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Chance Encounters: Darkness Defeated

February 4, 2018 Pastor: Pastor Matt Wilcox Series: Chance Encounters

Topic: Christ's Love & Power Scripture: Mark 5:1–5:20,

What were you scared of as a kid? We all had something, right? Maybe it was spiders or other kinds of bugs. Creepy crawlers skittering across the floor or the walls. How many of you are the designated bug killers in the house? Yeah, same here. It’s not a job I like but I take it on the chin for the safety of my family. If it wasn’t bugs, maybe you were scared of storms. Storms can be unsettling at any age, but when you’re a kid, your imagination can run wild. After any big thunderstorm, Isaac usually ends up asking Caitlin or me if there’s a storm outside for a few days. Bugs, storms…there are other things too, but there’s one thing that I think is common to most of our childhoods: darkness. What kid isn’t afraid of the dark at some point in their life? When we’re little, our imagination runs wild with what could be hidden in the darkness.But as we grow older, we need our imaginations less and less. Our eyes take in the monstrosities of the darkness in the everyday world we live in. On the evening news, in social media, even in private conversations with neighbors and loved ones…we see darkness. And in truth, it often scares us more than the things we used to dream up as children. When we turn to the pages of Scripture, we find that darkness is always set in terms of that which opposes the love and goodness of God. It represents chaos, ignorance, deceit, death. And in several places, darkness describes a supernatural enemy. An enemy that appears in our chance encounter this morning. We’re in Mark 5:1-20.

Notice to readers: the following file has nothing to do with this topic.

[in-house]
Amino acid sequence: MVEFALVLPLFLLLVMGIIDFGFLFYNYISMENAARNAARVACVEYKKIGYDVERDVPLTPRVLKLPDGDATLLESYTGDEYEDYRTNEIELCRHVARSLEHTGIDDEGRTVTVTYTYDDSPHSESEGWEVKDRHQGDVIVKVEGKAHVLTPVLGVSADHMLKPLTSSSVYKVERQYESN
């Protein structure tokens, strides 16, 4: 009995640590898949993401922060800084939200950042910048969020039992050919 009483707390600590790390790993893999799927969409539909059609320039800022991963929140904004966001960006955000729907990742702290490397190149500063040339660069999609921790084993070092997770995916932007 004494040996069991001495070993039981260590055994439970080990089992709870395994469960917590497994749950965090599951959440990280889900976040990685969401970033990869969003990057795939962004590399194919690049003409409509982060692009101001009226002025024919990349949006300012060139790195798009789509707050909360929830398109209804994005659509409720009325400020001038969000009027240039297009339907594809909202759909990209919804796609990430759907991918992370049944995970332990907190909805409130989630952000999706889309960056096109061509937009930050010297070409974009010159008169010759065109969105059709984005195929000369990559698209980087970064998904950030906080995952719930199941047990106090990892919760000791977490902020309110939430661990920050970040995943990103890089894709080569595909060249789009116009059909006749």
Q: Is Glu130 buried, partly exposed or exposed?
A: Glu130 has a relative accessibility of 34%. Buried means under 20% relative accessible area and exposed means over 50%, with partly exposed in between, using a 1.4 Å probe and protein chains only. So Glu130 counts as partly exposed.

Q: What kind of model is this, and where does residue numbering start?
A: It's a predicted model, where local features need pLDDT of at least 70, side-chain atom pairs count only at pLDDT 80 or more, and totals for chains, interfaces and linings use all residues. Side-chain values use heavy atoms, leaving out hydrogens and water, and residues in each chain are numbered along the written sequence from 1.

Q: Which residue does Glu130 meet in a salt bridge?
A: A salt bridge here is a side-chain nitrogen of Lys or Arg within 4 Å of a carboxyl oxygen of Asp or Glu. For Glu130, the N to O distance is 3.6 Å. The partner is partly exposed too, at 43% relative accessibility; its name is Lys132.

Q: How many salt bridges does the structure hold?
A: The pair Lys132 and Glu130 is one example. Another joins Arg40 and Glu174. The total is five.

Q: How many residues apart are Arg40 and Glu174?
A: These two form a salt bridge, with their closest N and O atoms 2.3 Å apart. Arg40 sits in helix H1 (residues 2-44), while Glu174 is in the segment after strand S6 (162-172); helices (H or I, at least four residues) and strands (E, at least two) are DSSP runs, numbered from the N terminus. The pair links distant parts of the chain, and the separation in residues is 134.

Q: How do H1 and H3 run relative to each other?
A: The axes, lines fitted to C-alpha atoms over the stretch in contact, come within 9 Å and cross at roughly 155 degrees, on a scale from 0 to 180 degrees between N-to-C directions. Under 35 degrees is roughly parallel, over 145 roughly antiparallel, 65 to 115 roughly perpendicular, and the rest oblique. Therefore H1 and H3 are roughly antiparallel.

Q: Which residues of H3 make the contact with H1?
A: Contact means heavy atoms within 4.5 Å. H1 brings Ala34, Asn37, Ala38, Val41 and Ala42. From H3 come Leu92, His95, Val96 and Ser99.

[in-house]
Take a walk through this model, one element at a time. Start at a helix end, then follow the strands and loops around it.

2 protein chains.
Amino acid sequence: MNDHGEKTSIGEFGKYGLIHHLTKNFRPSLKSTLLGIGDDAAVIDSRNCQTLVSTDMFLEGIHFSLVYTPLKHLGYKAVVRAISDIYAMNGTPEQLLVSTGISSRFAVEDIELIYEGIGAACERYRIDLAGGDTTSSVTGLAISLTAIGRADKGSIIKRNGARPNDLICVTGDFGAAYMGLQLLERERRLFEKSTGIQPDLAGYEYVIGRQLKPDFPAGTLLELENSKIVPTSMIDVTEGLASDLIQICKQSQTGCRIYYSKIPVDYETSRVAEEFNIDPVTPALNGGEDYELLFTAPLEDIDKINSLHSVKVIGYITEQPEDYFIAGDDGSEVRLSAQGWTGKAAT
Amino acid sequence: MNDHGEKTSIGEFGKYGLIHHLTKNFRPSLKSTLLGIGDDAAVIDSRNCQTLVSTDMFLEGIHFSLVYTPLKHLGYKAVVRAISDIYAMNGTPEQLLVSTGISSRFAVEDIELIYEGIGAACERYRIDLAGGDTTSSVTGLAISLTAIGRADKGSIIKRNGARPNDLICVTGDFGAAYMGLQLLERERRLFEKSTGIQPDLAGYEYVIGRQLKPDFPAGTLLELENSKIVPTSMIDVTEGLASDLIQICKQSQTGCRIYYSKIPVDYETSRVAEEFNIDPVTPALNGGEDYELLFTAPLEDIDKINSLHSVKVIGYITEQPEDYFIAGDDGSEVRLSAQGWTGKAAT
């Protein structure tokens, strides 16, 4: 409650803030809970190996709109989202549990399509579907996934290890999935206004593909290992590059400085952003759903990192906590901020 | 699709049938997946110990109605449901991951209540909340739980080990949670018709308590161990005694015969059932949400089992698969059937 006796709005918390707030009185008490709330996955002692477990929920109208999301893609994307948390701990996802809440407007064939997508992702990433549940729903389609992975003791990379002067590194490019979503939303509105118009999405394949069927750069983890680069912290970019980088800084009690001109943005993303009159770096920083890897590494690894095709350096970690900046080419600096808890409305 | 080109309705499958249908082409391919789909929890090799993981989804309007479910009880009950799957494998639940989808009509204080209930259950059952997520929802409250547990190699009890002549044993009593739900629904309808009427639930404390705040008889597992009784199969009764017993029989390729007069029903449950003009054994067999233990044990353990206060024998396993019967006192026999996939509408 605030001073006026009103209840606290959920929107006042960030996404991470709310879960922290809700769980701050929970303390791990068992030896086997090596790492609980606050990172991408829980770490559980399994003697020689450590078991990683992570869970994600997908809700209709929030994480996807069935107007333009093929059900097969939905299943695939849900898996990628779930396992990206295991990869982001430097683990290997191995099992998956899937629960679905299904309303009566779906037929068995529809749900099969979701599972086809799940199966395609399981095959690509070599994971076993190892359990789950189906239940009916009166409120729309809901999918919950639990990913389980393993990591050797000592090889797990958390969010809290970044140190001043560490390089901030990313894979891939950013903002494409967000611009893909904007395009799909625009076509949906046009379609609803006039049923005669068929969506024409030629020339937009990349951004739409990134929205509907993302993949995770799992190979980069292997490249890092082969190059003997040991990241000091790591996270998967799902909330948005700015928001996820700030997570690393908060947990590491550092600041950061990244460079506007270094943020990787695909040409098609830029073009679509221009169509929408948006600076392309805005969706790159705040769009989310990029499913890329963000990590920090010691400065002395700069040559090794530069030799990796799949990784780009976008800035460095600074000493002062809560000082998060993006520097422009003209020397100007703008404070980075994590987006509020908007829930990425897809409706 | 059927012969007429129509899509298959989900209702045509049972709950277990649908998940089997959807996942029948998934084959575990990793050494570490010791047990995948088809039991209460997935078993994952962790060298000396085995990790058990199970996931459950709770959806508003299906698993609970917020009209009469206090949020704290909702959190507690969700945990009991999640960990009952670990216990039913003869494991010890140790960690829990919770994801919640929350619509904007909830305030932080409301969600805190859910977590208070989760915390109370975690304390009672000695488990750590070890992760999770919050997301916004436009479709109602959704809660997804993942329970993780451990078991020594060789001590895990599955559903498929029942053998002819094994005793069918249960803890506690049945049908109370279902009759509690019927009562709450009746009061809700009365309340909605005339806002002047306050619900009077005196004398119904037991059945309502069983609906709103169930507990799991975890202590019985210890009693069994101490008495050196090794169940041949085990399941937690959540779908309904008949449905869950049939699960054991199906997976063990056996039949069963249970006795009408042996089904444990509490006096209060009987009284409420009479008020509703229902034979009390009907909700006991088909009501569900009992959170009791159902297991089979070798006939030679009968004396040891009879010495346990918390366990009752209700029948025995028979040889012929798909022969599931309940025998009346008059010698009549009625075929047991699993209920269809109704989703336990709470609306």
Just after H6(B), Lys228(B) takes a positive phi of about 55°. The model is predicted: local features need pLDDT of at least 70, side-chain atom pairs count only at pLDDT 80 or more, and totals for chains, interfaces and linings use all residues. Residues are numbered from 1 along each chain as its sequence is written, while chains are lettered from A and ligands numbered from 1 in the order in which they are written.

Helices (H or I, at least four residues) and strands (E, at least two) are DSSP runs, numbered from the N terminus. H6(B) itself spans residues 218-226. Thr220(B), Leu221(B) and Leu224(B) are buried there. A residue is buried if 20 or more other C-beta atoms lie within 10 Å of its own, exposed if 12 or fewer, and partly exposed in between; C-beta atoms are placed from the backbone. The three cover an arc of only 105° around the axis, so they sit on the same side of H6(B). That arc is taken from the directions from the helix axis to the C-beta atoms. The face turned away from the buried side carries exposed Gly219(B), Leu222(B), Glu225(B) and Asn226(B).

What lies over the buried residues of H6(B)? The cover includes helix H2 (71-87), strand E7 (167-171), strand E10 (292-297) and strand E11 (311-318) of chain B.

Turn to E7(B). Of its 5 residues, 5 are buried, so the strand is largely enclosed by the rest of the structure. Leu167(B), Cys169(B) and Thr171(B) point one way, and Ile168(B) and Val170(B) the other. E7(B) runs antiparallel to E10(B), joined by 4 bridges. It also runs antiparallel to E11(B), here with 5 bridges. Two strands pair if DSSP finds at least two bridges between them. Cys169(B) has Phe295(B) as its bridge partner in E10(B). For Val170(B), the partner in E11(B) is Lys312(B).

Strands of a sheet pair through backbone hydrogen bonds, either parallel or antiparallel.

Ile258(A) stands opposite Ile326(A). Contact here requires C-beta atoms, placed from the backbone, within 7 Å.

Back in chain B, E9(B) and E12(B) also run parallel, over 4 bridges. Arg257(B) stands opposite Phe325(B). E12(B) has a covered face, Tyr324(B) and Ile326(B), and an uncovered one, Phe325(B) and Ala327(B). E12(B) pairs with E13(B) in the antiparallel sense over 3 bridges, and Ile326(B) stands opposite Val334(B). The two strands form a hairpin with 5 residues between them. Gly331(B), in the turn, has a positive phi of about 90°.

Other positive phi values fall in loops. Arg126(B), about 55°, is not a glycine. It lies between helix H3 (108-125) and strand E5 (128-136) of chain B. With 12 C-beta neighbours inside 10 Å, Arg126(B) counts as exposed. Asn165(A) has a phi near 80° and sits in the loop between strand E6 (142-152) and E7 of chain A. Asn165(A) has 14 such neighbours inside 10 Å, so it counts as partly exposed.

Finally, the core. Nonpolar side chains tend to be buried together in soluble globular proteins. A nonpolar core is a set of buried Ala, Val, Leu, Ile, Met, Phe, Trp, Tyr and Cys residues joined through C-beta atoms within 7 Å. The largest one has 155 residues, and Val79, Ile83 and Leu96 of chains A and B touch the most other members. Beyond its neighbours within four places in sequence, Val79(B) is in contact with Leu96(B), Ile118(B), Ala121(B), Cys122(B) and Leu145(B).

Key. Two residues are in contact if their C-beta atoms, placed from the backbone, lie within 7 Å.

There’s no getting around it, this is a chilling story. Even those of us who are super familiar with the stories we read in the Bible are likely made uneasy by this one. We’re used to the supernatural element, to a degree. We have heard the stories of feeding thousands, giving sight to the blind, even walking on water. But this is different. This isn’t a fantastic sight to behold and to share with others. This is unsettling, uncomfortable, and – if we’re honest – scary.

We enter the scene as Jesus is getting out of a boat. Actually, this is right after Jesus had calmed the storm and commanded the wind and waves to be still. And we read that when Jesus got off of the boat that a man came out of the tombs to confront Jesus. But this wasn’t any normal person. We’re told that this man had within him an impure spirit. Other translations use words like unclean or evil. The term we might be more familiar with is possessed. And this possessed man had been living in what is essentially a graveyard. It only gets more bizarre as we’re told that this possessed man had an unnatural strength and that no one could hold him down. Even more, he was strong enough to break chains that were used to try and subdue him. And night and day he would roam around the tombs screaming at the top of his lungs and cutting himself with stones and anything else he could find. And when he approaches Jesus, it only gets more unsettling.